On November 7, 2001, approximately 2000 central standard time, a Taylorcraft F19, N20002, piloted by a private pilot, was substantially damaged during cruise flight when it struck a tree and subsequently impacted into a wooded area 9 miles west of Backus, Minnesota. Instrument meteorological conditions prevailed at the time of the accident. The personal flight was being conducted under the provisions of 14 CFR Part 91 without a flight plan. The pilot sustained serious injuries in the crash. The pilot reported that the cross-country flight originated at Park Rapids, Minnesota, approximately 1845, and was en route to Pine River, Minnesota. Use your browsers 'back' function to return to synopsisReturn to Query Page
In his written statement, the pilot said he did not obtain a weather briefing, but did check the AWOS (Automated Weather Observation System) before departing Park Rapids. He said that the weather was visibility 5 miles and ceiling 1,200 feet. The pilot said, "Encountered clouds/fog enroute, became disoriented, descended into trees."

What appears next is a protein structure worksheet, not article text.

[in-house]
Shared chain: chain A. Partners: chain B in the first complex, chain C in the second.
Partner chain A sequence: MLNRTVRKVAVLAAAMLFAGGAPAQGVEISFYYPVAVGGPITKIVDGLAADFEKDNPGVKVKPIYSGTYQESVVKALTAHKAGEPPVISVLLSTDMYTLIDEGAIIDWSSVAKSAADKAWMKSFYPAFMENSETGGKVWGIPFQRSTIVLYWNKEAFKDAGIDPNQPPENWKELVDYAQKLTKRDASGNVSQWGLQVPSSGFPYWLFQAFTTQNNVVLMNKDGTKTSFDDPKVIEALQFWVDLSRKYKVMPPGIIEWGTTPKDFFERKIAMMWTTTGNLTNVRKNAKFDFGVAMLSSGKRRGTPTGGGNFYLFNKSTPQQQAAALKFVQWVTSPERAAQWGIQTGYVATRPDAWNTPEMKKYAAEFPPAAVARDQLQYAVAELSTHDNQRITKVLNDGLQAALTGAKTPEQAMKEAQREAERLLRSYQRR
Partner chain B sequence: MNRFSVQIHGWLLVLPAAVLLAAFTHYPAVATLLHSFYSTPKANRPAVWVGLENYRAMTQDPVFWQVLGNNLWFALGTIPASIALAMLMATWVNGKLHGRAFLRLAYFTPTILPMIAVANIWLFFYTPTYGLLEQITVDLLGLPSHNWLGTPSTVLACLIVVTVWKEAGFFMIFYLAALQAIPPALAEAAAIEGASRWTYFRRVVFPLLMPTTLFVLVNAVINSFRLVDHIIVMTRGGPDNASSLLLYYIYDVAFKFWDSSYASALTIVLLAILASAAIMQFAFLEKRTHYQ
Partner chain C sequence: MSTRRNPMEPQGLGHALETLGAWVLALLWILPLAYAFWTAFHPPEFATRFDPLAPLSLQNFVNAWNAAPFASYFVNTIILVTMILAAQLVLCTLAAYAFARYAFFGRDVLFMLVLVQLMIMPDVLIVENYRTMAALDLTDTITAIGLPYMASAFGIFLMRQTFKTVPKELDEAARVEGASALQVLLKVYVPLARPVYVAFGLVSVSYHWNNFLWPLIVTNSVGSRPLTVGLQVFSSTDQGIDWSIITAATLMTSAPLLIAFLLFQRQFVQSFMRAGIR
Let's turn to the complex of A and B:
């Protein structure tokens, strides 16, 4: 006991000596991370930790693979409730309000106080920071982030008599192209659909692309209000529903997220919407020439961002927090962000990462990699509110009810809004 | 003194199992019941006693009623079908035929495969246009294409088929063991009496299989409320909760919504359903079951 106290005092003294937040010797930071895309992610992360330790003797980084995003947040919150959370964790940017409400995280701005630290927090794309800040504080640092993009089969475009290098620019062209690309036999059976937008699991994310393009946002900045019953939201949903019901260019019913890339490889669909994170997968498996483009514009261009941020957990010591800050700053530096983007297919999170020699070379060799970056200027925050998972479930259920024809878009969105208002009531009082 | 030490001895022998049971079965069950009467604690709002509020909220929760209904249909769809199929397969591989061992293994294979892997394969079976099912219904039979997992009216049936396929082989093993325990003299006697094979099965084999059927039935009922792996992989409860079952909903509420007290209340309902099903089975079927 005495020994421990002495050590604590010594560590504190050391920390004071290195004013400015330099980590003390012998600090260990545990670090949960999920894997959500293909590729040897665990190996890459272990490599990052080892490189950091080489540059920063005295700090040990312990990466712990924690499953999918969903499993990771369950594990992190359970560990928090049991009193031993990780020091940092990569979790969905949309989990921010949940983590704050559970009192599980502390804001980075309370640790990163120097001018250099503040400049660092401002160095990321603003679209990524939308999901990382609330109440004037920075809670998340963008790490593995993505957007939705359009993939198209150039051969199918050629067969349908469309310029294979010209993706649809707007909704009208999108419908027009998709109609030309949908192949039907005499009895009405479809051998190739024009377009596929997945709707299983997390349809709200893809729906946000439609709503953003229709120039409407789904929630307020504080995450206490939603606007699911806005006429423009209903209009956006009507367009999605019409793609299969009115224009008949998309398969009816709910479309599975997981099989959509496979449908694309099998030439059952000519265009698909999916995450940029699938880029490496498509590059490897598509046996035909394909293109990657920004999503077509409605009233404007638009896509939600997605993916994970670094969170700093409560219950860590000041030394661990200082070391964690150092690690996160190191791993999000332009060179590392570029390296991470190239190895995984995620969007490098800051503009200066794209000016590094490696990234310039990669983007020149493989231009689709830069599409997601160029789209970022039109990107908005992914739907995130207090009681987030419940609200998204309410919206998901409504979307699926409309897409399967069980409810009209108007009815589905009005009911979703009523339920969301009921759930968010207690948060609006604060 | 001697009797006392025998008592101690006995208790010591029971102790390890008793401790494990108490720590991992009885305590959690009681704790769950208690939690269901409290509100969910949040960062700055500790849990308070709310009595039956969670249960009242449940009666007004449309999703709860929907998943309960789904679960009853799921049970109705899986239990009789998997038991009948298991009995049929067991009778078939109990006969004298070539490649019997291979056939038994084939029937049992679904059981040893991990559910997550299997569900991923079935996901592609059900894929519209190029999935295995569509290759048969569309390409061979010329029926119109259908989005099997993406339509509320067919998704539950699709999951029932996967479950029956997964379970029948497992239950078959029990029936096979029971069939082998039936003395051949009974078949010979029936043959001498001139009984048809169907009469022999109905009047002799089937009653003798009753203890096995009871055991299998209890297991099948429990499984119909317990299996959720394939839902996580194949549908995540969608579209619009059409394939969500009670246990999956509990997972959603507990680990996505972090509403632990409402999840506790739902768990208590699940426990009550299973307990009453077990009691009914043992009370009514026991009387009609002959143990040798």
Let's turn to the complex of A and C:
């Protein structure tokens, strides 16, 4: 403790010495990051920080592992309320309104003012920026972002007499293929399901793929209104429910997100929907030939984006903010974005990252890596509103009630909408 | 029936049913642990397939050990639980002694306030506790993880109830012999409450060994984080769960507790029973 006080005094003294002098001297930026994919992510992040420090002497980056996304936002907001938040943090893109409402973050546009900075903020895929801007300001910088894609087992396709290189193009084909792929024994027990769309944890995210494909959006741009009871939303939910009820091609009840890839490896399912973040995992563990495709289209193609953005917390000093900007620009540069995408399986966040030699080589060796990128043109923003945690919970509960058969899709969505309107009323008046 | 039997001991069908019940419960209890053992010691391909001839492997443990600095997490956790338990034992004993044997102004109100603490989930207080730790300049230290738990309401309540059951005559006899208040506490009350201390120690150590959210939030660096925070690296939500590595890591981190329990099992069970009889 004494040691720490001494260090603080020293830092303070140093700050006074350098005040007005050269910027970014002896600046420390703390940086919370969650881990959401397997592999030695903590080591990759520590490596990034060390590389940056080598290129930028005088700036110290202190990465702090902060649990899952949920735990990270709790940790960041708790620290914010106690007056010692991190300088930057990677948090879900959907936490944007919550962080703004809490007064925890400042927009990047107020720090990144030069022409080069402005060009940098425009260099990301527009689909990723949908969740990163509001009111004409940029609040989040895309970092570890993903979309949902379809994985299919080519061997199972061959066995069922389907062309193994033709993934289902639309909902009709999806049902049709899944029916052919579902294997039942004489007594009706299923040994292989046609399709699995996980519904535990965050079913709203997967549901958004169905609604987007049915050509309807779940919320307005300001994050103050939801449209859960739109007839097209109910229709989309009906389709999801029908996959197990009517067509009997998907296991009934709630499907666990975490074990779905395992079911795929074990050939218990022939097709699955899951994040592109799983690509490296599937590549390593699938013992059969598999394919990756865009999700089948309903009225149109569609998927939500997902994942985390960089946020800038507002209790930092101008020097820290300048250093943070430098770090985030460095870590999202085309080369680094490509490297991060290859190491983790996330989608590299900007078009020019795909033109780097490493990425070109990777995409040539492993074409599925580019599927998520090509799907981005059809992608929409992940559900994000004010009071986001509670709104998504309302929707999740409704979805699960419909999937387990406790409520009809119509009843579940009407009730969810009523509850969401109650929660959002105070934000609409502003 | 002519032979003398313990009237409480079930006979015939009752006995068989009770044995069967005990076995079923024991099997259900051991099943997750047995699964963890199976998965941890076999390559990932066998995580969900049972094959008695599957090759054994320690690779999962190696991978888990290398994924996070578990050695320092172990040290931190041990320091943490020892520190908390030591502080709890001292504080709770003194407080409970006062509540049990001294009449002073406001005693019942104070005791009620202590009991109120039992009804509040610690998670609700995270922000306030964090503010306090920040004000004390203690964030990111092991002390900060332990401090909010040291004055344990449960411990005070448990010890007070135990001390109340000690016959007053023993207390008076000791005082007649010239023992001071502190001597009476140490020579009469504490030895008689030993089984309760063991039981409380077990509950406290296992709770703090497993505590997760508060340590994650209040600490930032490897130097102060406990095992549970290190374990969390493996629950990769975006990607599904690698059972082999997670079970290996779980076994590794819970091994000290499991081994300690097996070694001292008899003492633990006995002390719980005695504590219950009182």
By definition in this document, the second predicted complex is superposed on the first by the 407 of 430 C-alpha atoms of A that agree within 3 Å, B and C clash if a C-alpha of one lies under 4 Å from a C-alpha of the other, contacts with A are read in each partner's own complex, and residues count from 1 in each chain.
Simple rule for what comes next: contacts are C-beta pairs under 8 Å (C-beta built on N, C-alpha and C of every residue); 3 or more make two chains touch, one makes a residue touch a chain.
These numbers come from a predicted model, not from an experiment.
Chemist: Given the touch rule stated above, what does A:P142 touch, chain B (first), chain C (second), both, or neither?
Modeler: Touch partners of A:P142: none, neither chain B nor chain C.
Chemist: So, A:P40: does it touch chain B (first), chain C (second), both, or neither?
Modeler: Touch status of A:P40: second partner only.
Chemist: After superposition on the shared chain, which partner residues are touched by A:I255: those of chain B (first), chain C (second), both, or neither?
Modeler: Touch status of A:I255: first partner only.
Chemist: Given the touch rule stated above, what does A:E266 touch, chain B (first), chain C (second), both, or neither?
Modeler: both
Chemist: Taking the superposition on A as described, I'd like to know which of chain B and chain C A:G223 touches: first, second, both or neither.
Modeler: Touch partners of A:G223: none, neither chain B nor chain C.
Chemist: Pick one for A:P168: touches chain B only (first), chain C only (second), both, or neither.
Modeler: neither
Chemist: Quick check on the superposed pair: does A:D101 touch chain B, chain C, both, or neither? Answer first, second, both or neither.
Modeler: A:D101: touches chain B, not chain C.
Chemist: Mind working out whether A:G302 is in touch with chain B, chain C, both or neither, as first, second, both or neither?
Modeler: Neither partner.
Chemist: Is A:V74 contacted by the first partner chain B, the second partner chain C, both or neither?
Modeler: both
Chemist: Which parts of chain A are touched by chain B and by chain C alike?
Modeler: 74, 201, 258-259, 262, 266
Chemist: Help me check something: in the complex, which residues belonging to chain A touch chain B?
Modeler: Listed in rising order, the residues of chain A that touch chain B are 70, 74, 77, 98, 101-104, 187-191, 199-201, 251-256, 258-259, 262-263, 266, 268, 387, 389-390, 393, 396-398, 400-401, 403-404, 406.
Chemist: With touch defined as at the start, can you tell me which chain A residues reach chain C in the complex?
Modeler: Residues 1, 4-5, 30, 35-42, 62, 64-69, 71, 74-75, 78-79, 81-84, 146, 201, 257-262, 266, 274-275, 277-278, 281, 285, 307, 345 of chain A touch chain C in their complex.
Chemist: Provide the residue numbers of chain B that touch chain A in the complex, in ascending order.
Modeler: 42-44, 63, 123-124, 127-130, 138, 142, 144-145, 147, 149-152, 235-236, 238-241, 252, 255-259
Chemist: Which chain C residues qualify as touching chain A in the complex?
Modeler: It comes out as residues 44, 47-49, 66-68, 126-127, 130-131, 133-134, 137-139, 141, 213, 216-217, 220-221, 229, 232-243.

A Federal Aviation Administration (FAA) inspector examined the airplane at the accident scene. The accident site was located 16 miles southwest of the departure airport. The airplane was located approximately 300 feet south of Minnesota State Highway 87. The airplane's right wing was found approximately 30 feet up in a tree 120 feet southwest of the airplane main wreckage. Debris from the airplane and broken tree branches were scattered along a 035 degree magnetic heading between the tree and the airplane main wreckage. The airplane main wreckage was found resting on its right side cabin with its fuselage and empennage resting against some small trees at the edge of a swampy area. The engine and cowling were bent upward and to the right. The airplane's left wing was intact and showed little damage. The right horizontal stabilizer and elevator were bent and broken aft. The propeller showed small nicks and aft bending. Flight control continuity was confirmed. An examination of the engine and other airplane systems revealed no anomalies.
At 1954, the aviation routine weather report (METAR) for Park Rapids, Minnesota, 16 miles northwest of the accident site, was few clouds at 500 feet, ceilings of 900 feet broken and 2,400 feet overcast, 8 statute miles visibility, temperature 41 degrees Fahrenheit (F), dew point 39 degrees F, winds 320 degrees at 19 knots with gusts to 22 knots, and altimeter 30.08 inches of Mercury.
According to FAA airman records, the pilot held a private pilot certificate with single engine land rating.